And I bet you thought you were safe, didn’t you, Mom and Jerry? What you don’t know is that we have a tasty surprise waiting in the parish hall! Actually, we don’t have any lutefisk here—you can tell by the fact that people aren’t running out of the church from the smell. But the women’s group seriously did offer to make it (along with a Jell-o-salad)! However, instead, the only Scandinavian delicacy, which really is a delicacy that everyone will enjoy, is a fabulous three-tiered Swedish Princess Torte. That seemed like a much more pleasant way to celebrate a wedding. And in honor of Jerry’s German roots, you’ll notice that most of the music in today’s ceremony is German—Bach, Pachelbel, Handel, Beethoven.
As much as we like to joke, more than lutefisk bringing Mom and Jerry together, it would seem more likely that it was God who brought them together after they each suffered the devastating loss of their beloved spouses—George and Jeannie--in December 2008. Who else but God could have arranged such a thing? Now, I have no doubt that if Mom and Jerry hadn’t met they each would have survived just fine. They both have lots of wonderful people in their lives—friends and family—who wanted to help them get through the trauma of loss. But, of course, life is not only about surviving. Life is really about living.
For Christians, for those who set their trust in Jesus, life is about living the promise and the joy of the resurrection each and every day. And, as we have to be reminded again and again, the resurrection that Jesus promises us is not only something that we experience after we die (though I certainly believe that Jeannie, George, and my Dad--Peter, are experiencing that joy even now), but resurrection is also, and just as importantly, something that Jesus wants us to experience each and every day on this side of life as well. That’s why he said, “I came that they may have life and have it abundantly.”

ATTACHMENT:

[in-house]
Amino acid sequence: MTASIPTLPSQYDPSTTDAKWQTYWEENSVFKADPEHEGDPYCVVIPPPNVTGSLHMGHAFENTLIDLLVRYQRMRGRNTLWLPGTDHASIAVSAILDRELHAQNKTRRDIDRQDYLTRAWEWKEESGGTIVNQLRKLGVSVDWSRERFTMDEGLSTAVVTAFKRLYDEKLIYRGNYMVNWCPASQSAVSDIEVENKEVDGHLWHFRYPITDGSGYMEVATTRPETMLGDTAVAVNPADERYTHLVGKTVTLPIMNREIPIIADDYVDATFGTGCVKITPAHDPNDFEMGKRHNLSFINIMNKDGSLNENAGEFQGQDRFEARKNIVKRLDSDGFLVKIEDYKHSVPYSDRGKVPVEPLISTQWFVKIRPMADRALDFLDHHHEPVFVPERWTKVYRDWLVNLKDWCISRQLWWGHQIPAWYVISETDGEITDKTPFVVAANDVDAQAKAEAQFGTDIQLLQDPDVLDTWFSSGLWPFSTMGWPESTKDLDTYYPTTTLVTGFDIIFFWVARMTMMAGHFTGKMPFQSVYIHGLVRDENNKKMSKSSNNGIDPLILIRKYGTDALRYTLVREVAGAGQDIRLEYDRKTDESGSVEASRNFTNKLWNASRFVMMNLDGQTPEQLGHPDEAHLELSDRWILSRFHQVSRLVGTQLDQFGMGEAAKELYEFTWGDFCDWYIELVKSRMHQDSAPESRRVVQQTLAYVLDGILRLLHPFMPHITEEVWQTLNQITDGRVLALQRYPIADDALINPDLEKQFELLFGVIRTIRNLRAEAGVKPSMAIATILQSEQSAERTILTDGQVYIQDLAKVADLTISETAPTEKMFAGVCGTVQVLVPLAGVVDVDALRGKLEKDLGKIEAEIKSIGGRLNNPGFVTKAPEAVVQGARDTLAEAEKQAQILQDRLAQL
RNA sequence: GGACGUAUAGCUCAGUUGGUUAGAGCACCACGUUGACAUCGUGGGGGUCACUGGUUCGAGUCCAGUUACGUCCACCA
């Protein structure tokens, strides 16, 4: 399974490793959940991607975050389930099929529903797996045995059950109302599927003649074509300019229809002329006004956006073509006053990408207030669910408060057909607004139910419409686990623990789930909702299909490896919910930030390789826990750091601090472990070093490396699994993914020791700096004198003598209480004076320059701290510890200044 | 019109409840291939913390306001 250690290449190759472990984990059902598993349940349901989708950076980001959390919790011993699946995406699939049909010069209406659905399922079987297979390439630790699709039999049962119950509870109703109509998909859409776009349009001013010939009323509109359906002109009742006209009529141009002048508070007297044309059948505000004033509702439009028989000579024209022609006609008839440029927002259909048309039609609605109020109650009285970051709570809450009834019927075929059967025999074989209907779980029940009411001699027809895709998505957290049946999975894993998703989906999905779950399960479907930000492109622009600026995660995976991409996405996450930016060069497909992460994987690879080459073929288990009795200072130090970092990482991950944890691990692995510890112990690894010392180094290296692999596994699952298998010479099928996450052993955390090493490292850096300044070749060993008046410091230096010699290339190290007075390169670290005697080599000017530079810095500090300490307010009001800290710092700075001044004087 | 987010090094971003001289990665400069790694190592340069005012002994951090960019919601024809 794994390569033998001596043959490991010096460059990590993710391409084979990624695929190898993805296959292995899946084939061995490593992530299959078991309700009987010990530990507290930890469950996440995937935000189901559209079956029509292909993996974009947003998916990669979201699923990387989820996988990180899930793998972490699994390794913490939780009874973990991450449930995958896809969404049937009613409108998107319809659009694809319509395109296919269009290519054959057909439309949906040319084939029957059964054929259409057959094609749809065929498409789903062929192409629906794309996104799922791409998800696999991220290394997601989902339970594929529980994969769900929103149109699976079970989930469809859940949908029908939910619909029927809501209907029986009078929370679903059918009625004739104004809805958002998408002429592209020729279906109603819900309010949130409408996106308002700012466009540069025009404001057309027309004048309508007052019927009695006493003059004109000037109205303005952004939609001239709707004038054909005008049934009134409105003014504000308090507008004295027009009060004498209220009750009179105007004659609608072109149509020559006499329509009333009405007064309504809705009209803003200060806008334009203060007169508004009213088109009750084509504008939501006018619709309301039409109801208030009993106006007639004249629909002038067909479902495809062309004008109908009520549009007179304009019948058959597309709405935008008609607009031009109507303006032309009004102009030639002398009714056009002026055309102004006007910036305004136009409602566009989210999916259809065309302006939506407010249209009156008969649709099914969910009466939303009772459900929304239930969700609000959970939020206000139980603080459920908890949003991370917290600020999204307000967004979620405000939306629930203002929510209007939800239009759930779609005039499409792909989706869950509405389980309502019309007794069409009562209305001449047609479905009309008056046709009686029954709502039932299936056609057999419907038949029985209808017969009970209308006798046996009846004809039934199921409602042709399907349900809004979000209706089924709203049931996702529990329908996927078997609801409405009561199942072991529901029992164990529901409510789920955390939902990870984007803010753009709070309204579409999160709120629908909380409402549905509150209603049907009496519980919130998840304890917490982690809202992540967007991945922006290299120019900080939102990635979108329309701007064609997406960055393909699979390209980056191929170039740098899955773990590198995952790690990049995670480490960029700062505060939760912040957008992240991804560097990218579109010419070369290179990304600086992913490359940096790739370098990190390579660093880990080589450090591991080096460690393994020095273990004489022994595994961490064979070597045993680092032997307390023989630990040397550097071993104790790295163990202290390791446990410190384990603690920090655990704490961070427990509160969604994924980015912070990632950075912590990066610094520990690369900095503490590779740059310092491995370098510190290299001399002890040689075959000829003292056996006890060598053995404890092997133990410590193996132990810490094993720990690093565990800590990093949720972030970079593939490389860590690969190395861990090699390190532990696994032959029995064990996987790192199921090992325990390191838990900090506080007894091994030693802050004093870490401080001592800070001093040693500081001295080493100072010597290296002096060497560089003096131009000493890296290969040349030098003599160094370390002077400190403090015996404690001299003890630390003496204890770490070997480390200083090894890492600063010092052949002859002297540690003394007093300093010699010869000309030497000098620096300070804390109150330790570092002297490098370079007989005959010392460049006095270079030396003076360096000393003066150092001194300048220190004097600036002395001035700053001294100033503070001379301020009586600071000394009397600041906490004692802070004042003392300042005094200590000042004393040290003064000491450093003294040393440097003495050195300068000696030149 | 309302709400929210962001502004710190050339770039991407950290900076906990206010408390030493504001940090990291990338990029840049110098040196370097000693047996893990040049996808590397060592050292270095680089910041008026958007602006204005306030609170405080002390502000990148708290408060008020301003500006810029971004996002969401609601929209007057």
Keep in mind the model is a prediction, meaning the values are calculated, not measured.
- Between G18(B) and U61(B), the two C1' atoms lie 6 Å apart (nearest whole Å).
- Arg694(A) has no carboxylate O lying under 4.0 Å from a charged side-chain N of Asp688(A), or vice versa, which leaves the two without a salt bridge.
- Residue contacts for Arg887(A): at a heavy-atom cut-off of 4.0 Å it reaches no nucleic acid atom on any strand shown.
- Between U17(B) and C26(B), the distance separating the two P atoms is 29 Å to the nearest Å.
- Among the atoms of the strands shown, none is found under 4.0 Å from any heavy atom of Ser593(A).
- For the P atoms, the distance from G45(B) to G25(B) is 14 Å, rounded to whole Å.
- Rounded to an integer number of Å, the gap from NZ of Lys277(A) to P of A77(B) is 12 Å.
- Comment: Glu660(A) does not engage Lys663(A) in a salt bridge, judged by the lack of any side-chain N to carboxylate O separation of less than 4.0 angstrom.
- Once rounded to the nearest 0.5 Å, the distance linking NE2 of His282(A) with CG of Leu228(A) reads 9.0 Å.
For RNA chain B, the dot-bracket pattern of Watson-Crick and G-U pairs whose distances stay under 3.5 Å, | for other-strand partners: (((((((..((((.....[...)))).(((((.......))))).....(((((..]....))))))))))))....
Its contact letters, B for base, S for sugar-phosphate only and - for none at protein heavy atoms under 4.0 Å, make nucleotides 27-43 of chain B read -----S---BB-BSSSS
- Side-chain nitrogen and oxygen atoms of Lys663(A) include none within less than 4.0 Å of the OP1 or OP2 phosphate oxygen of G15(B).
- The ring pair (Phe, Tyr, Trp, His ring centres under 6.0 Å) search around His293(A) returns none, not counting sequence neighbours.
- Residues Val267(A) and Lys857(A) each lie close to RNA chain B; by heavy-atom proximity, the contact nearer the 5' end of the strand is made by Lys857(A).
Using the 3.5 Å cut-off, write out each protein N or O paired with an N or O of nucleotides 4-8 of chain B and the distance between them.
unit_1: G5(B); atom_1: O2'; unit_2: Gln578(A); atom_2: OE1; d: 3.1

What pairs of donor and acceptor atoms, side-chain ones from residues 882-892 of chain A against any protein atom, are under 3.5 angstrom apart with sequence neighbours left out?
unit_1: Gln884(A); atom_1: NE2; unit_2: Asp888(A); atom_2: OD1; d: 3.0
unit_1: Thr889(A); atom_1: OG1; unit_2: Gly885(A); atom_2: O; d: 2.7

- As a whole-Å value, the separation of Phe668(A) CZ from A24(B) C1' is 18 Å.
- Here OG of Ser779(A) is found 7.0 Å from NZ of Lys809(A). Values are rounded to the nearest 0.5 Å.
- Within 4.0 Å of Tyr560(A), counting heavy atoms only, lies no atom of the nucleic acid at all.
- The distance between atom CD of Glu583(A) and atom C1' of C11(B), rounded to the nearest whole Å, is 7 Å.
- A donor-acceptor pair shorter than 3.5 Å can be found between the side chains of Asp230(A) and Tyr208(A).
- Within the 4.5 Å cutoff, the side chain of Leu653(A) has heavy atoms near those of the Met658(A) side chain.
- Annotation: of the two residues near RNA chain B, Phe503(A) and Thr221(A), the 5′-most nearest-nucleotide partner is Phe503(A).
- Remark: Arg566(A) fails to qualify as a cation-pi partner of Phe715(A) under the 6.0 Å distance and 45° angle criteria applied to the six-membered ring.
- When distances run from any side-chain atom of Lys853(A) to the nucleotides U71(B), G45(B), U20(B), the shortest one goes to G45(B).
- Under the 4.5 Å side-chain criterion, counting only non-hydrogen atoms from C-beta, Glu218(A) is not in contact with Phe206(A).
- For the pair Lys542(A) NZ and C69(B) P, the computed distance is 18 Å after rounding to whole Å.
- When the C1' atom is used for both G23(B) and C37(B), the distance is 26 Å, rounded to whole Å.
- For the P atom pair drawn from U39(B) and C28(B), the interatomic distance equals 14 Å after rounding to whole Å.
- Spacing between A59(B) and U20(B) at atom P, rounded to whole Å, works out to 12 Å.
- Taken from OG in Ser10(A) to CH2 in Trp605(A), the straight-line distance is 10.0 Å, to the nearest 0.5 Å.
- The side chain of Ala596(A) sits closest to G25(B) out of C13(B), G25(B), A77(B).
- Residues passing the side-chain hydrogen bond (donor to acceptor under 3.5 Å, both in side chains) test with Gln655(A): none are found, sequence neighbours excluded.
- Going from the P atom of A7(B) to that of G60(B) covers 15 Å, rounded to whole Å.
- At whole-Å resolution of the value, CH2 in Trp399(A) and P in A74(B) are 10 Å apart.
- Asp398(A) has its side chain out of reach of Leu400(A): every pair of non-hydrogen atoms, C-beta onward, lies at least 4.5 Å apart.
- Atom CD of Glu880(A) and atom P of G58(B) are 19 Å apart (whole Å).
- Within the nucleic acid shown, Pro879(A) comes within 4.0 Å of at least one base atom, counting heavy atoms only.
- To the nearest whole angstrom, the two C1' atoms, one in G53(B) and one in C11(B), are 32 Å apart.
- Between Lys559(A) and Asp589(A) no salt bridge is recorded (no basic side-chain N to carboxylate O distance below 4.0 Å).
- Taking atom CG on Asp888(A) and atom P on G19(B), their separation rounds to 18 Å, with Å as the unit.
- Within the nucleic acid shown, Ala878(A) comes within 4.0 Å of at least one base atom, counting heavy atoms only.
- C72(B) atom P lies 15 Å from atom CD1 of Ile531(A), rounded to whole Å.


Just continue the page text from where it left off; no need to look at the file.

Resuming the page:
And anyone who has seen the joy in Mom’s and Jerry’s eyes over the past few days can’t help but feel that together, in their relationship, they are experiencing the joy of the resurrection even now. Their happiness and love for each other is obvious—to their family and friends who have flown here to Massachusetts for this special weekend, as well as those back in Minnesota; to the judge at the courthouse in Quincy who was delighted to approve their marriage license request; and even to people sitting at the next table in an Italian restaurant in the North End. In a very real way, Mom and Jerry are living witnesses to the power of the resurrection.
Of course they know that every day won’t be as perfect as a beautiful fall day in New England. Much as we (and they) may like it to be, life together isn’t all smiles and Swedish Princess Torte wedding cake. Some days will probably feel a lot more like smelly old lutefisk. Because that’s just the way life is. But that’s also when that same resurrection faith will give them the strength, patience, and courage they will need to work through whatever problems they face, ever confident that joy is stronger than sadness, and that hope is always more powerful than despair.
So, here we are in another day on a twisty journey through life. And it’s a beautiful day. It's warm, the leaves are vibrant in their rainbow of colors; joy, love, and resurrection is in the air. I have no doubt that for Mom and Jerry, as for all of us, there will be many sharp curves, bumps in the road, and plenty of unexpected things around corners, maybe even a lutefisk supper or two. But the good news for them, and for us, is that they will have the love and support of each other as they walk along, arm in arm, strengthened and supported by their families, by friends, by faith communities here and in Minnesota, and most especially by the God who is constantly bringing us new and abundant life, the God who is the source of all love.To whom be the glory: Father, Son, and Holy Spirit. Amen.